Sunday, May 19, 2013
By Latin Times Staff Writer, Jan 08, 2013 04:22 PM EST
(PHOTO CREDIT: Reuters) Former U.S. Representative Giffords leaves the Newtown Municipal Building in Newtown.
A divided and emotionally raw populace stews in debate and existential questioning in the wake of the 15th mass shooting by a lone gunman in 2012 at Sandy Hook Elementary in Newtown, Conn. President Barack Obama has already come out calling for stricter gun control laws. Now Arizona congresswoman Gabrielle Giffords has said "Enough," as well, and has announced her own initiative for curbing gun violence.
Gifford and her husband Mark Kelly sat down with Diane Sawyer following the couple's trip to Newtown to discuss her "Americans for Responsible Solutions" plan.
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"After the shooting in Tucson, there was talk about addressing some of these issues, [and] again after [a movie theater massacre in] Aurora," Colo., Kelly said. "I'm hopeful that this time is different, and I think it is. Twenty first-graders' being murdered in their classrooms is a very personal thing for everybody."
Kelly and Giffords said they met with numerous families affected by the Sandy Hook tragedy during their trip to Newtown.
"[The] first couple that we spoke to, the dad took out his cell phone and showed us a picture of his daughter and I just about lost it, just by looking at the picture," Kelly said. "It was just very tough and it brought back a lot of memories about what that was like for us some two years ago."
"Gabby often told them, 'You got to have strength. You got to fight for something,'" Kelly said.
Giffords gave the interview on the anniversary of the mass shooting by lone gunman Jared Loughner in Tucson two years ago that left her gravely wounded by gunfire. Kelly said seeing the faces of the children who lost their lives in the Sandy Hook shooting reminded the couple of 9-year-old Christina-Taylor Green, the youngest victim to die in the Tucson shooting.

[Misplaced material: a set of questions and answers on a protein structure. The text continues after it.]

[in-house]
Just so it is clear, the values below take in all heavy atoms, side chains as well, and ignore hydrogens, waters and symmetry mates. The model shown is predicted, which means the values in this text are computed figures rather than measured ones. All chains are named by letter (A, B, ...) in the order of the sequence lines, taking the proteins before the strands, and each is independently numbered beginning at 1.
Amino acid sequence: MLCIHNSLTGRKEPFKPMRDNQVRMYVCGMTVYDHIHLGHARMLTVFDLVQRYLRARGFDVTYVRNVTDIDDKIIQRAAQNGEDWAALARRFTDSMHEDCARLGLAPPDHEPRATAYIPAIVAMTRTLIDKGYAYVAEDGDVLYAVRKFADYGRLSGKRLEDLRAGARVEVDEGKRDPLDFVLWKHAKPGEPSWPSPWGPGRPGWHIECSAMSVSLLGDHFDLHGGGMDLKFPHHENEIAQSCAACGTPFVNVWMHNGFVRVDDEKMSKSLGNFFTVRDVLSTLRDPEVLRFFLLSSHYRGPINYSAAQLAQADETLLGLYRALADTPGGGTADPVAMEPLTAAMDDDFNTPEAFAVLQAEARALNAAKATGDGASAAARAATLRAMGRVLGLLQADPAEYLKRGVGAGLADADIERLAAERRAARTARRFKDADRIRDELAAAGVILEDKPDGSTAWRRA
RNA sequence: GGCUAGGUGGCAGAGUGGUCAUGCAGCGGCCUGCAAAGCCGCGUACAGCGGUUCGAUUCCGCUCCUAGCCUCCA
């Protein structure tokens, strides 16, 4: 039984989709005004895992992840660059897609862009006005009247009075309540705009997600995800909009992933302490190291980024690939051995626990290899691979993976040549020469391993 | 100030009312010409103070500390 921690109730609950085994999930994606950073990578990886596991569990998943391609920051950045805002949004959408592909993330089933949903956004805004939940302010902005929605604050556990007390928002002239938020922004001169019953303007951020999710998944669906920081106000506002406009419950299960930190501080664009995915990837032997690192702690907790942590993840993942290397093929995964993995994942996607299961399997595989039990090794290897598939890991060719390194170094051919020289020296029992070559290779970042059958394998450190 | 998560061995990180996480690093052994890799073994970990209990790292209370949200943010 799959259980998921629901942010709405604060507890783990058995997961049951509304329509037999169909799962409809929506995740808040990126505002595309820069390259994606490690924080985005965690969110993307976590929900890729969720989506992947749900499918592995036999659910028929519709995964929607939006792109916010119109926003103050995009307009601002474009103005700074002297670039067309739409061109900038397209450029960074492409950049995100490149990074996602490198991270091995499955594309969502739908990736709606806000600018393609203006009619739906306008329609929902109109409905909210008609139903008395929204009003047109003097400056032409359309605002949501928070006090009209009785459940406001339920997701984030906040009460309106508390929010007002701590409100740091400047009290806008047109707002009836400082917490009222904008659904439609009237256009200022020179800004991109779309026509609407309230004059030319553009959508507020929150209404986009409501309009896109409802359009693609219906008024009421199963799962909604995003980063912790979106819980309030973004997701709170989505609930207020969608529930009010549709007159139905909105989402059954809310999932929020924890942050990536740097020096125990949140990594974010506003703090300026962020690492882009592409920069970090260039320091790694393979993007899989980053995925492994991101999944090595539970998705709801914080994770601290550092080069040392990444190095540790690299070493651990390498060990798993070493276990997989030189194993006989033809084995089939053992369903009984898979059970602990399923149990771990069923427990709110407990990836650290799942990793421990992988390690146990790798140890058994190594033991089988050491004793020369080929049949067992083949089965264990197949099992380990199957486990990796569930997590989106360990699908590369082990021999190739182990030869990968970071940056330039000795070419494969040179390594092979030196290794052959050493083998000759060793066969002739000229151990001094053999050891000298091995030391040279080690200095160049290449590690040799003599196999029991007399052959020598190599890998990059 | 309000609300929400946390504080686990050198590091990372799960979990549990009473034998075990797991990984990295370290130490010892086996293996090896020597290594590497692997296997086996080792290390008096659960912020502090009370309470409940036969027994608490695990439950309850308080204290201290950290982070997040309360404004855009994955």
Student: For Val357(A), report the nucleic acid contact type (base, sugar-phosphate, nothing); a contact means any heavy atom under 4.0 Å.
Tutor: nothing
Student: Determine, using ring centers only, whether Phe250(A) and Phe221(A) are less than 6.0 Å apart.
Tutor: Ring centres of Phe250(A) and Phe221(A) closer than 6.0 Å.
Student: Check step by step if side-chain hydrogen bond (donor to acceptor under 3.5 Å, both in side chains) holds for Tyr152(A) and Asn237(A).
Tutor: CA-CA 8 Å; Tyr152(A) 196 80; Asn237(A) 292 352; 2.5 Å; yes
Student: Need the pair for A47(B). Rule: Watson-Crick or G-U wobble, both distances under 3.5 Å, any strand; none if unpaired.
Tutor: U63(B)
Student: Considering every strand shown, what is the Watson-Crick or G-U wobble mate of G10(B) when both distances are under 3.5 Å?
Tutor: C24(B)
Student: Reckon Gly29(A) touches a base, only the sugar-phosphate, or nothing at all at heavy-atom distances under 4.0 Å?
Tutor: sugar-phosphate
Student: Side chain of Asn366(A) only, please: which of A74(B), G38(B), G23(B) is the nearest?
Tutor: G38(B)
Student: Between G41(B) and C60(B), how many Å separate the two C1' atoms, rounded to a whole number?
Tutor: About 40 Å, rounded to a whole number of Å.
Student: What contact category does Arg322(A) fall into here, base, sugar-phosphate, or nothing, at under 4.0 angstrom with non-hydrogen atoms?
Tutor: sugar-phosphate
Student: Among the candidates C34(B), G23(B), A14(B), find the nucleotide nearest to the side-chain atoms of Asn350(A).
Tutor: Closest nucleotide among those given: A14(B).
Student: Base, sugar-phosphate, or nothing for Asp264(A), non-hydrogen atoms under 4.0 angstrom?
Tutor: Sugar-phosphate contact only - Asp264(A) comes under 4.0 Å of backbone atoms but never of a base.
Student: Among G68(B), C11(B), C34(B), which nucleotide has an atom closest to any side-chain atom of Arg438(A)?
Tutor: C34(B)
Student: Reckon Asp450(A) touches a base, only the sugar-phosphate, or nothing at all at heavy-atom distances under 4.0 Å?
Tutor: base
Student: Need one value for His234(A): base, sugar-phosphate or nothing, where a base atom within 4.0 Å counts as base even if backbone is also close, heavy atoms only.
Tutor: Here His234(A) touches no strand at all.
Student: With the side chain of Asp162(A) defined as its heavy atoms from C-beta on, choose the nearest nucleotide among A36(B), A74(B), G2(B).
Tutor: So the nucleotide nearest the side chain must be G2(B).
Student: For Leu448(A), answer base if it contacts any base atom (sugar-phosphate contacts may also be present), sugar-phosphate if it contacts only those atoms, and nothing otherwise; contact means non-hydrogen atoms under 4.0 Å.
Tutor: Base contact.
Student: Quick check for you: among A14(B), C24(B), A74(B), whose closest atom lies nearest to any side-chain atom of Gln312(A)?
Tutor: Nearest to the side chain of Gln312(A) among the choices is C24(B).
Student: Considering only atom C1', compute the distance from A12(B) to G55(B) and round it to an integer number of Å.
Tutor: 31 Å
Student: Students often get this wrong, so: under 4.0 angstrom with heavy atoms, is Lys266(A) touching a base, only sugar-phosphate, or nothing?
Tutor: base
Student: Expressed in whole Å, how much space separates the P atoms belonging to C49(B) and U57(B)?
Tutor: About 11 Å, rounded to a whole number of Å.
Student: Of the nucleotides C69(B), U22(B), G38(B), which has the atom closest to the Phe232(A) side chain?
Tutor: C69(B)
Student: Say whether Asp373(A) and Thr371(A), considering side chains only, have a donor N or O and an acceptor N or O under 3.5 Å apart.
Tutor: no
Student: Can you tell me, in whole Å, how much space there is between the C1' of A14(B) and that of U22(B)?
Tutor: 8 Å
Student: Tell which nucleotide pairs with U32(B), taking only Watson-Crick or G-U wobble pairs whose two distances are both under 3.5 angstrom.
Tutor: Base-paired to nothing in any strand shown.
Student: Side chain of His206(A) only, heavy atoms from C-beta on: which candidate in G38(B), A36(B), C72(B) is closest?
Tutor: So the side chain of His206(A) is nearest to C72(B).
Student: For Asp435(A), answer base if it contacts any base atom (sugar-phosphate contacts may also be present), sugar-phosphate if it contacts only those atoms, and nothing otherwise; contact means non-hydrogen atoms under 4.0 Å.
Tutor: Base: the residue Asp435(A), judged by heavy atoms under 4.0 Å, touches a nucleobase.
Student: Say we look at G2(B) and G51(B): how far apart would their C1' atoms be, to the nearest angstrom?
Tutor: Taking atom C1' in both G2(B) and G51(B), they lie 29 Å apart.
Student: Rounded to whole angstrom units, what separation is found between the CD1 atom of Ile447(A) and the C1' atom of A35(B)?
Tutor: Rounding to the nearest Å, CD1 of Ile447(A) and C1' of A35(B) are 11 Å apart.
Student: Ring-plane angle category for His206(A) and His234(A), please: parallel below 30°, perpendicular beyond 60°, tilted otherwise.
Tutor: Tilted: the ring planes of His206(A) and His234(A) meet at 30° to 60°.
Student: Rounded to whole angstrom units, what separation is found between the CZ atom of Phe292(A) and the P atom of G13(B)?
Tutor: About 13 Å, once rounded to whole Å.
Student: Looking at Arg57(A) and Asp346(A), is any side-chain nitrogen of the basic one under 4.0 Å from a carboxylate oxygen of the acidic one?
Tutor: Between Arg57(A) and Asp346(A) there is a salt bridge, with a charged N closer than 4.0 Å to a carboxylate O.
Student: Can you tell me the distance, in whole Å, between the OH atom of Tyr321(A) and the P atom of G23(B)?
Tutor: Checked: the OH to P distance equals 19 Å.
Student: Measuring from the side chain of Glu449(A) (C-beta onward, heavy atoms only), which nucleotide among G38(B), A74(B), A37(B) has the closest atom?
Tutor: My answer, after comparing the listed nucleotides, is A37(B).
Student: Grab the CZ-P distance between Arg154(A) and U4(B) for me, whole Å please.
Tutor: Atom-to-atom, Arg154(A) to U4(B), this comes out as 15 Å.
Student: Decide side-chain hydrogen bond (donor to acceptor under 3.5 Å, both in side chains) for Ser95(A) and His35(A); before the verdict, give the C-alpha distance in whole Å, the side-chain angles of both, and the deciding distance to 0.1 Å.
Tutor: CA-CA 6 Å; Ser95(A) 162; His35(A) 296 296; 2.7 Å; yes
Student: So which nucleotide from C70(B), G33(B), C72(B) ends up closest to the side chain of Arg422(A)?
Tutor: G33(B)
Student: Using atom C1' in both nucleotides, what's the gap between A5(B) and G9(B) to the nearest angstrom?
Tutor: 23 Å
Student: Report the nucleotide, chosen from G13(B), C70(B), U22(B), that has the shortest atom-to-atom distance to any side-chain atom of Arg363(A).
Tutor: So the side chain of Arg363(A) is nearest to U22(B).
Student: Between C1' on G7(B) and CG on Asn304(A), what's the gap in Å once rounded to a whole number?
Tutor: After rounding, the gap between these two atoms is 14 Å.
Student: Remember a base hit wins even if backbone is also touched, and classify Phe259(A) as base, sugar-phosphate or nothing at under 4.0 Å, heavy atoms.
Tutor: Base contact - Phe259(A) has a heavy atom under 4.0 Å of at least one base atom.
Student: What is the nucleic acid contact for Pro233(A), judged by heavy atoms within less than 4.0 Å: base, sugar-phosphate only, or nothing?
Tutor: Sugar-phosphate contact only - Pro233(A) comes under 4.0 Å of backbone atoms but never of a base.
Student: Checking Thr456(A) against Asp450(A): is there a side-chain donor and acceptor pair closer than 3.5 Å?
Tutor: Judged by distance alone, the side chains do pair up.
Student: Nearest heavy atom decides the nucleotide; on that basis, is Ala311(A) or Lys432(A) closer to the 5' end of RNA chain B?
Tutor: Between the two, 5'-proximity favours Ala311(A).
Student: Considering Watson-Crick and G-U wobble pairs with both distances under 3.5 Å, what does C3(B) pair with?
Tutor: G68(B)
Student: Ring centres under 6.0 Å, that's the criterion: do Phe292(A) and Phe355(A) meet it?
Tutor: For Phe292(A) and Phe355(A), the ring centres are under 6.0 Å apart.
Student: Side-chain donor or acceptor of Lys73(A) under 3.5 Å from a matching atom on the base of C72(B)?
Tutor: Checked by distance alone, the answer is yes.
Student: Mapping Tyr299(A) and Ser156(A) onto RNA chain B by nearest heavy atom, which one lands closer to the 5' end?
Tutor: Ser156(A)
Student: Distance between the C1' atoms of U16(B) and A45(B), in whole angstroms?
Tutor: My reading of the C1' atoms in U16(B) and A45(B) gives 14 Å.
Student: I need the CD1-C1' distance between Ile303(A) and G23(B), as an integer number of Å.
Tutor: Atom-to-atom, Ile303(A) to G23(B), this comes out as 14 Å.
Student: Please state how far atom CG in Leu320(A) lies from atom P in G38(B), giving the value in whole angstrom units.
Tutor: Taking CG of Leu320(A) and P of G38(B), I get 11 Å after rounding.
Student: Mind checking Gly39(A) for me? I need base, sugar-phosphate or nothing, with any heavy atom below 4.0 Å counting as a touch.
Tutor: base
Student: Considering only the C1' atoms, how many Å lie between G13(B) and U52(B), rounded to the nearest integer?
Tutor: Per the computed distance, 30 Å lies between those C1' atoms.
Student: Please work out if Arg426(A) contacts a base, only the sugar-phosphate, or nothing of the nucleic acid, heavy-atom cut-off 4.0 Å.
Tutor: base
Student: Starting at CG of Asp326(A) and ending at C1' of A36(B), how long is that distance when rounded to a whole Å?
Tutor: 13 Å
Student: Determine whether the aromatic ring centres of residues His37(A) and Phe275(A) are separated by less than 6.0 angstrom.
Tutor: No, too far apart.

"I think we all need to try to do something about [gun violence]," Kelly said. "It's obvious to everybody we have a problem. And problems can be solved."
Both Giffords and Kelly are gun owners who support 2nd Amendment rights, but had critical words for the National Rifle Association following the group's claim that the only thing that could have prevented the gun violence in Newtown as a "good guy with a gun."
The day Loughner opened fire on an unsuspecting crowd in Tucson shooting 18 people, six fatally, there was a good guy with a gun present, Kelly Said.
"[A man came out] of the store next door and nearly shot the man who took down Jared Loughner," Kelly said. "The one who eventually wrestled [Loughner] to the ground was almost killed himself by a good guy with a gun, so I don't really buy that argument."
The couple's new gun initiative instead proposes "common sense" changes.
First, the couple believes a comprehensive background check should be required for private sales of firearms.
"I bought a gun at Walmart recently and I went through a background check. It's not a difficult thing to do," Kelly said. "Why can't we just do that and make it more difficult for criminals and the mentally ill to get guns?"
The couple also thinks the government should take a hard look at outlawing high-capacity magazines and assault weapons.
A veteran of Desert Storm, Kelly said he doesn't believe extended magazines are necessary for sport.
"An extended magazine is used to kill people," he said, "lots of people."
As ABC noted, Loughner used a 33-round magazine in Tucson; accused Aurora shooter James Holmes had a 100-round magazine; and Newtown school shooter Adam Lanza used numerous 30-round magazines for his mother's Bushmaster AR-15.
Lastly, the couple wants the country to address how the mentally ill are treated in the U.S.
"We have to learn how to identify these people and get them treatment. And we don't do a very good job at that," Kelly said.